Polished concrete is certainly one of the most popular flooring options these days. Its a mixture of aggregate, water and cement and polished by hand to give it a shiny finish. There is a huge range of choices now and the aggregate can even include stones, glass and trinkets.

Although a very hard floor to walk on, it can be heated to give comfort and warmth.


This is a synthetic flooring material that is designed to imitate wood. Its sold in tile or plank form.

Timber laminate is more economical than solid flooring and these days it is very difficult to tell the difference between the two. It is water resistant, comes in a variety of designs, easy to self-lay and simple to remove and replace.


Tiled flooring typically comes in ceramic or porcelain styles and is laid on a concrete slab. Tiles are one of the flooring products that will stay warm in winter and cool in summer due to the thermal massing which occurs when a concrete slab sits directly on the ground.


Cork, bamboo flooring, stone are other options to consider.

  • Cork is probably one of the cheapest options around. It is great for kids as its warm and soft and will protect most glasses and plates from breaking.

  • Bamboo is a sustainable product and cost effective alternative to timber. It expands and contracts with temperature changes, so ideal in areas that are humid. It is also a hard flooring material that won't scuff.

  • Products like sandstone will look amazing, but are very porous.

  • Marble, granite and limestone are more expensive and tend to be slippery unless you get it sandblasted.

So in terms of your home, various flooring options can be used for different rooms.

  • Kitchens tend to be high traffic areas and need to have water-resistant and easy to clean surfaces. Floor cleaning and kitchen cleaning needs to be considered. Since you are standing in your kitchen most of the time, soft flooring is desirable and will stop breakages when cups and plates are dropped.

  • Bathrooms tend to be a place where even the smallest slippery surface can be a very dangerous thing, so you should choose flooring that is both mildew and mould resistant and one that sheds water efficiently. Ceramic tiles are a great traditional choice, but they happen to be a bit harder to clean due to their structure. More recent laminate floors are water resistant so they can also be used in bathrooms if they were designed for that purpose.

  • The dining room is also a location used on a regular basis and should be stain resistant. Laminate, tiles and wooden floors are all a valid solution due to their resistance. You should avoid placing carpets since they are more vulnerable to staining.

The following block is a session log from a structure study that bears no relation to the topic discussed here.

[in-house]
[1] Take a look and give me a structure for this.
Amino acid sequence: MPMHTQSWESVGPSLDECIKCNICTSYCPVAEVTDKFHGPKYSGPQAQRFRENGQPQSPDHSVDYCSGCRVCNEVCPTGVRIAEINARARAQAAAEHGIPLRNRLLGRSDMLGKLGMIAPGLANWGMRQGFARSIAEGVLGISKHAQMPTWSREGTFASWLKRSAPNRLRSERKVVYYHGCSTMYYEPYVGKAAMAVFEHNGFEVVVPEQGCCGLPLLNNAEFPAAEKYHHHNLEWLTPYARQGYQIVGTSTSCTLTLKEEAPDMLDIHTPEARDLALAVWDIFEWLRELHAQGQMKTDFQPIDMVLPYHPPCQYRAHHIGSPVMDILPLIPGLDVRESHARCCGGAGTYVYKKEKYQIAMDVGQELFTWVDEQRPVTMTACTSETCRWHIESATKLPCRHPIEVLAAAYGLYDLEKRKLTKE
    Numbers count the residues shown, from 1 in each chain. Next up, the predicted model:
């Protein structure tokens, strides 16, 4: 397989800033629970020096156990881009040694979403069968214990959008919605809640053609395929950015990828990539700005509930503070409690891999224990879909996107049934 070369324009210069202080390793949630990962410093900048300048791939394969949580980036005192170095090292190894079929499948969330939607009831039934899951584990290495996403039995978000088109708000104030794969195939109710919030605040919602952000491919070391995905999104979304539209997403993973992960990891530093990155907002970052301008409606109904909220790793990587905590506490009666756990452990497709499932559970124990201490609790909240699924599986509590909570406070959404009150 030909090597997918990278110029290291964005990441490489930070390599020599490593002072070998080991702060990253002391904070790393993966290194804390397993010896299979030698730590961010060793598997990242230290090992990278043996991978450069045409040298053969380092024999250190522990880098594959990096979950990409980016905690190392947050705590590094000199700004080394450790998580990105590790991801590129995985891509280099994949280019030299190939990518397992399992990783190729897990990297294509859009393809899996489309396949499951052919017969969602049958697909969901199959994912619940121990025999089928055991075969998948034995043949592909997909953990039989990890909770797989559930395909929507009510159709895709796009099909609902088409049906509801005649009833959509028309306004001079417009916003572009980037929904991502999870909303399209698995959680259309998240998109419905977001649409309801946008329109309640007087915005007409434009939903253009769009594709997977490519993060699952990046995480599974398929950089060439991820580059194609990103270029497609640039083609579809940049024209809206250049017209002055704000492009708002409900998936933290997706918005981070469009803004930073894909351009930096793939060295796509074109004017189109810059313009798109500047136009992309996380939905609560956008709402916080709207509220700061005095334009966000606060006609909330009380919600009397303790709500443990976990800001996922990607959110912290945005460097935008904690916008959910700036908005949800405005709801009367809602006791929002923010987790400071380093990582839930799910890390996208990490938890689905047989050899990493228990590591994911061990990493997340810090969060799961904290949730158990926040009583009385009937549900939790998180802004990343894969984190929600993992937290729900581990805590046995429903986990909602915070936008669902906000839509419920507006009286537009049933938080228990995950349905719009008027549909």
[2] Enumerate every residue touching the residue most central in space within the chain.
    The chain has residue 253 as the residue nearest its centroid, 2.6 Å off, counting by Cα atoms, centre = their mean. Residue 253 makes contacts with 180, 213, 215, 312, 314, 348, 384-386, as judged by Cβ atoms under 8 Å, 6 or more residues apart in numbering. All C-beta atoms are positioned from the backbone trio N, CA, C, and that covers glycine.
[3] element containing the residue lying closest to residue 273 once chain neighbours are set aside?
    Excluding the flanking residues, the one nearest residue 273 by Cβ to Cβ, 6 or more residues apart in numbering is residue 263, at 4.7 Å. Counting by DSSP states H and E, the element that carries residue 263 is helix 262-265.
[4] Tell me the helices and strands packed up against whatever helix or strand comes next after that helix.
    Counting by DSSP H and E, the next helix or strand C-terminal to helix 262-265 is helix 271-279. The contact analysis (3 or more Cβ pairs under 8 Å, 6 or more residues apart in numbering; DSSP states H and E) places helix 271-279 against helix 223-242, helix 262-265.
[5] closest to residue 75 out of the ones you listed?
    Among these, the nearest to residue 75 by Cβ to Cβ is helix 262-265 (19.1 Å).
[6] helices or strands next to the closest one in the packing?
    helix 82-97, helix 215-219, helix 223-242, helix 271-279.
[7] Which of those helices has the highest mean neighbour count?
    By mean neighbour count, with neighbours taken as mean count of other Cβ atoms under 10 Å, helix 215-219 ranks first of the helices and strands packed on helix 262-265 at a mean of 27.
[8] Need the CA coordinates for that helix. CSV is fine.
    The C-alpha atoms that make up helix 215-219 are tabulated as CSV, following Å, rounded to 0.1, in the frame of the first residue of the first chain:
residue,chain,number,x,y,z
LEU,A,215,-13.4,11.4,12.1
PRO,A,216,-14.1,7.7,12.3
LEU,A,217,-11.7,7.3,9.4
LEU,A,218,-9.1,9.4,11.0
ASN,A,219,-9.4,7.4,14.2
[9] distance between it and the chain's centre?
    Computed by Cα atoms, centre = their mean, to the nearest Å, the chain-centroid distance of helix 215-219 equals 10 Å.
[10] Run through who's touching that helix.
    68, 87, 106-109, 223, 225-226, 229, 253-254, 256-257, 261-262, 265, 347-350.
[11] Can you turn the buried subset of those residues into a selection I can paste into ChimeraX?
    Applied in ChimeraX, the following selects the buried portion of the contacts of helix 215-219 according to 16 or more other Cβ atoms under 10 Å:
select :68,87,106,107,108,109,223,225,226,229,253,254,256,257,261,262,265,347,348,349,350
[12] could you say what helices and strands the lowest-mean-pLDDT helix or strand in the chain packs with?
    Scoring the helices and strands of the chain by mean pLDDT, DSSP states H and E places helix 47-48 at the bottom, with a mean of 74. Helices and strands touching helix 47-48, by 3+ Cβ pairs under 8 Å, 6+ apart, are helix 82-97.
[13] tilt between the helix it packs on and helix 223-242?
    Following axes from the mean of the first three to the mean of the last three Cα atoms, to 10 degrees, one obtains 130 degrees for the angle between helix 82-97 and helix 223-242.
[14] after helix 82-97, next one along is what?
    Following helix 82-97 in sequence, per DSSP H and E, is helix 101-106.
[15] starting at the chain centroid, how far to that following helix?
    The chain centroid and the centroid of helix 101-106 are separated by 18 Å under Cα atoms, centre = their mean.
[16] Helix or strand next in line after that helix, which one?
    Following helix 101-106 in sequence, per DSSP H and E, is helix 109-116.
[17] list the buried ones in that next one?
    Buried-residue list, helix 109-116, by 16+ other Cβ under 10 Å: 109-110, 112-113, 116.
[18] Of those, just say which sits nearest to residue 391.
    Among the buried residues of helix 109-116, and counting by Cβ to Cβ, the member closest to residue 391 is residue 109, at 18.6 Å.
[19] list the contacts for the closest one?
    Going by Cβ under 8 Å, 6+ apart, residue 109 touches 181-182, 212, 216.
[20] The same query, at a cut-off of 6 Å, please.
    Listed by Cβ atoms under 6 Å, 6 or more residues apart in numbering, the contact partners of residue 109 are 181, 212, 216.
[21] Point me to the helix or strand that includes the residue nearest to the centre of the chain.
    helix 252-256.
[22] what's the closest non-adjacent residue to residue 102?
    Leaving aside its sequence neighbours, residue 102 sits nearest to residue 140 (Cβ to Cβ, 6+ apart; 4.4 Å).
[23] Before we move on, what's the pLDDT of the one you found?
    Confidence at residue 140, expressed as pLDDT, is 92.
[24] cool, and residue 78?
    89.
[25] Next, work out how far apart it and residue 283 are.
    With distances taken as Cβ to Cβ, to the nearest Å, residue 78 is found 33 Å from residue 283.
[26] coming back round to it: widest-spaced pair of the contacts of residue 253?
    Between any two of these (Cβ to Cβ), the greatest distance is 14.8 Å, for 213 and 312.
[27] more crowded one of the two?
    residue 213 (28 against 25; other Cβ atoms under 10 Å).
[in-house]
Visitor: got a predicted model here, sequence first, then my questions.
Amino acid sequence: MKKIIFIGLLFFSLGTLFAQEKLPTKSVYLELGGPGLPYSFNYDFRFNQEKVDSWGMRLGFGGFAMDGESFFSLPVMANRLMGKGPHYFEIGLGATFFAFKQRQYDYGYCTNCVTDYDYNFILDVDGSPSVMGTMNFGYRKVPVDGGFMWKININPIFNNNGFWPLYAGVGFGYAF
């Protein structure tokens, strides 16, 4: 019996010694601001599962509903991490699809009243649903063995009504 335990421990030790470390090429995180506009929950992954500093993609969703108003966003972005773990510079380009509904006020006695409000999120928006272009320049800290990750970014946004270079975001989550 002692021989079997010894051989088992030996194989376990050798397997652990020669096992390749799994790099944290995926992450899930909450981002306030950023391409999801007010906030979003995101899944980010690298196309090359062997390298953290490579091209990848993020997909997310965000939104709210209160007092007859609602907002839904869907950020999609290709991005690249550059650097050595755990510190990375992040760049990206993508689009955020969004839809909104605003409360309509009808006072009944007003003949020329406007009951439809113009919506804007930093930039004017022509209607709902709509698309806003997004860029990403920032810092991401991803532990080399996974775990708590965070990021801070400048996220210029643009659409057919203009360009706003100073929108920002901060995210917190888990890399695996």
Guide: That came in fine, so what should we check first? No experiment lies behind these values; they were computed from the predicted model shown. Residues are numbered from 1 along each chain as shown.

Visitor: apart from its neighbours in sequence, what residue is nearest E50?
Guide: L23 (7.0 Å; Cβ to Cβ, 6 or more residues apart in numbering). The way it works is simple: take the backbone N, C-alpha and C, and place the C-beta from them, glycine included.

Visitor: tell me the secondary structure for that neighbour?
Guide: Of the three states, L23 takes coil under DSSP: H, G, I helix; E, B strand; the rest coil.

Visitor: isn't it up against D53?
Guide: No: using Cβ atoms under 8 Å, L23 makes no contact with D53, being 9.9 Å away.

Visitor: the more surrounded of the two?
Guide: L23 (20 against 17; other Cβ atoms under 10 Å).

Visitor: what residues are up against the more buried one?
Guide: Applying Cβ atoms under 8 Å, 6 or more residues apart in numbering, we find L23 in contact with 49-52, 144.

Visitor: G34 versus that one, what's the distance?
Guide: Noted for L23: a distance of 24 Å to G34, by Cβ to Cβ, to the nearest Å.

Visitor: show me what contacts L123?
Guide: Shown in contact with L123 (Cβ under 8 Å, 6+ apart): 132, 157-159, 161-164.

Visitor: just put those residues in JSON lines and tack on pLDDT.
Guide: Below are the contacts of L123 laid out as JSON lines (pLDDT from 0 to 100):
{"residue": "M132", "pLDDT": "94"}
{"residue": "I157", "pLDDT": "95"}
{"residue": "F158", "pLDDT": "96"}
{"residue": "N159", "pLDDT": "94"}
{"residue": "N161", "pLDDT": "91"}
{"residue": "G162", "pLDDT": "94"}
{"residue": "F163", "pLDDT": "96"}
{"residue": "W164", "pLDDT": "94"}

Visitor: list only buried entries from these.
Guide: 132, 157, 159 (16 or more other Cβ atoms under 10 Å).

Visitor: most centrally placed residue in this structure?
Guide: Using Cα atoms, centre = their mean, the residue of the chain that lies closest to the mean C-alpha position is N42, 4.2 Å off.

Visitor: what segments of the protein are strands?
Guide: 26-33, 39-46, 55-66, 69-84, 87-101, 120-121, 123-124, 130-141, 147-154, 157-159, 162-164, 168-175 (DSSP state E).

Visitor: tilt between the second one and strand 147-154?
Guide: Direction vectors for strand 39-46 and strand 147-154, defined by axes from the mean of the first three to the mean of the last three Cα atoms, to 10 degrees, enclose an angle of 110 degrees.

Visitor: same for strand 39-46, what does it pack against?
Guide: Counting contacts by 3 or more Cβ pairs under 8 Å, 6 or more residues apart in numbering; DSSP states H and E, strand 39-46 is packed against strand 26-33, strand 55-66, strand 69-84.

• With Bedrooms seeing less traffic, carpets are a wonderful soft solution but you can still use hardwood or laminate floors underneath for added effect. Keep a balance between aesthetics and practicality and you will be just fine.

Why engineered oak flooring?

Engineered floorboards have advantages over solid floorboards - and they are cheaper and better for the environment.  This article explains the pros and cons of engineered oak flooring and highlights where you can get the best value for money. If you want to know why "engineered" and "oak" are desirable when it comes to timber flooring and if you want that desired wide plank floor that all the architects and interior designers are specifying then read on . . .

moku engineered european oak floorboards

Engineered flooring has been around for about 20 years. The popularity of Engineered European Oak flooring has really grown and it is now the most desirable timber flooring choice. Read on to see why.

European Oak is a superior flooring timber

European Oak, or French Oak as it is also called, is a slow growing extremely hard wood timber - obviously from . . . Europe. It is has been used through the centuries as a superior choice for ship-building, barrel coopering, fine furniture production and . . . flooring! Its strong appeal stems from a few key natural features:

  • A high density (0.75g/cm2) making it very strong and durable,

  • Beautiful tight natural grain variations making it a stunning surface (see below),

  • A naturally high tannin content which makes it highly resistant to insect and fungal attacks, and

  • Despite its density, woodworkers will tell you it is very workable. Unlike some hardwoods it can be accurately drilled and cut, and glued

European Oak has a very desirable natural grain

So why does everyone desire European Oak?  When compared to other hardwoods and American Oak it has a unique grain pattern and variability. This is mostly due to its slower growing cycle, which produces a tighter grain, and due to the way it is cut from the log. With American Oak there are three different types of "cut": Plain sawn, Quarter Sawn and Rift Cut.  Depending on how the log is cut you will get one of these grain patterns.

[caption id="attachment_9596" align="alignnone" width="610"]different floorboard cuts produce different grain Image courtesy of Woodwright, Hardwood Wood Company ([/caption]

With European Oak, usually cut in France or Germany, the technique involves starting with a “square” from the centre of a log, called a cant, and slicing it. The result is a wider plank, typically 170mm to 250mm wide. The centre has a fantastic plain sawn pattern, flanked by a unique rift and quartered grain pattern, all in the same piece of wood.  Getting all three grain patterns from one piece of wood is what makes it highly desirable for feature timber floors!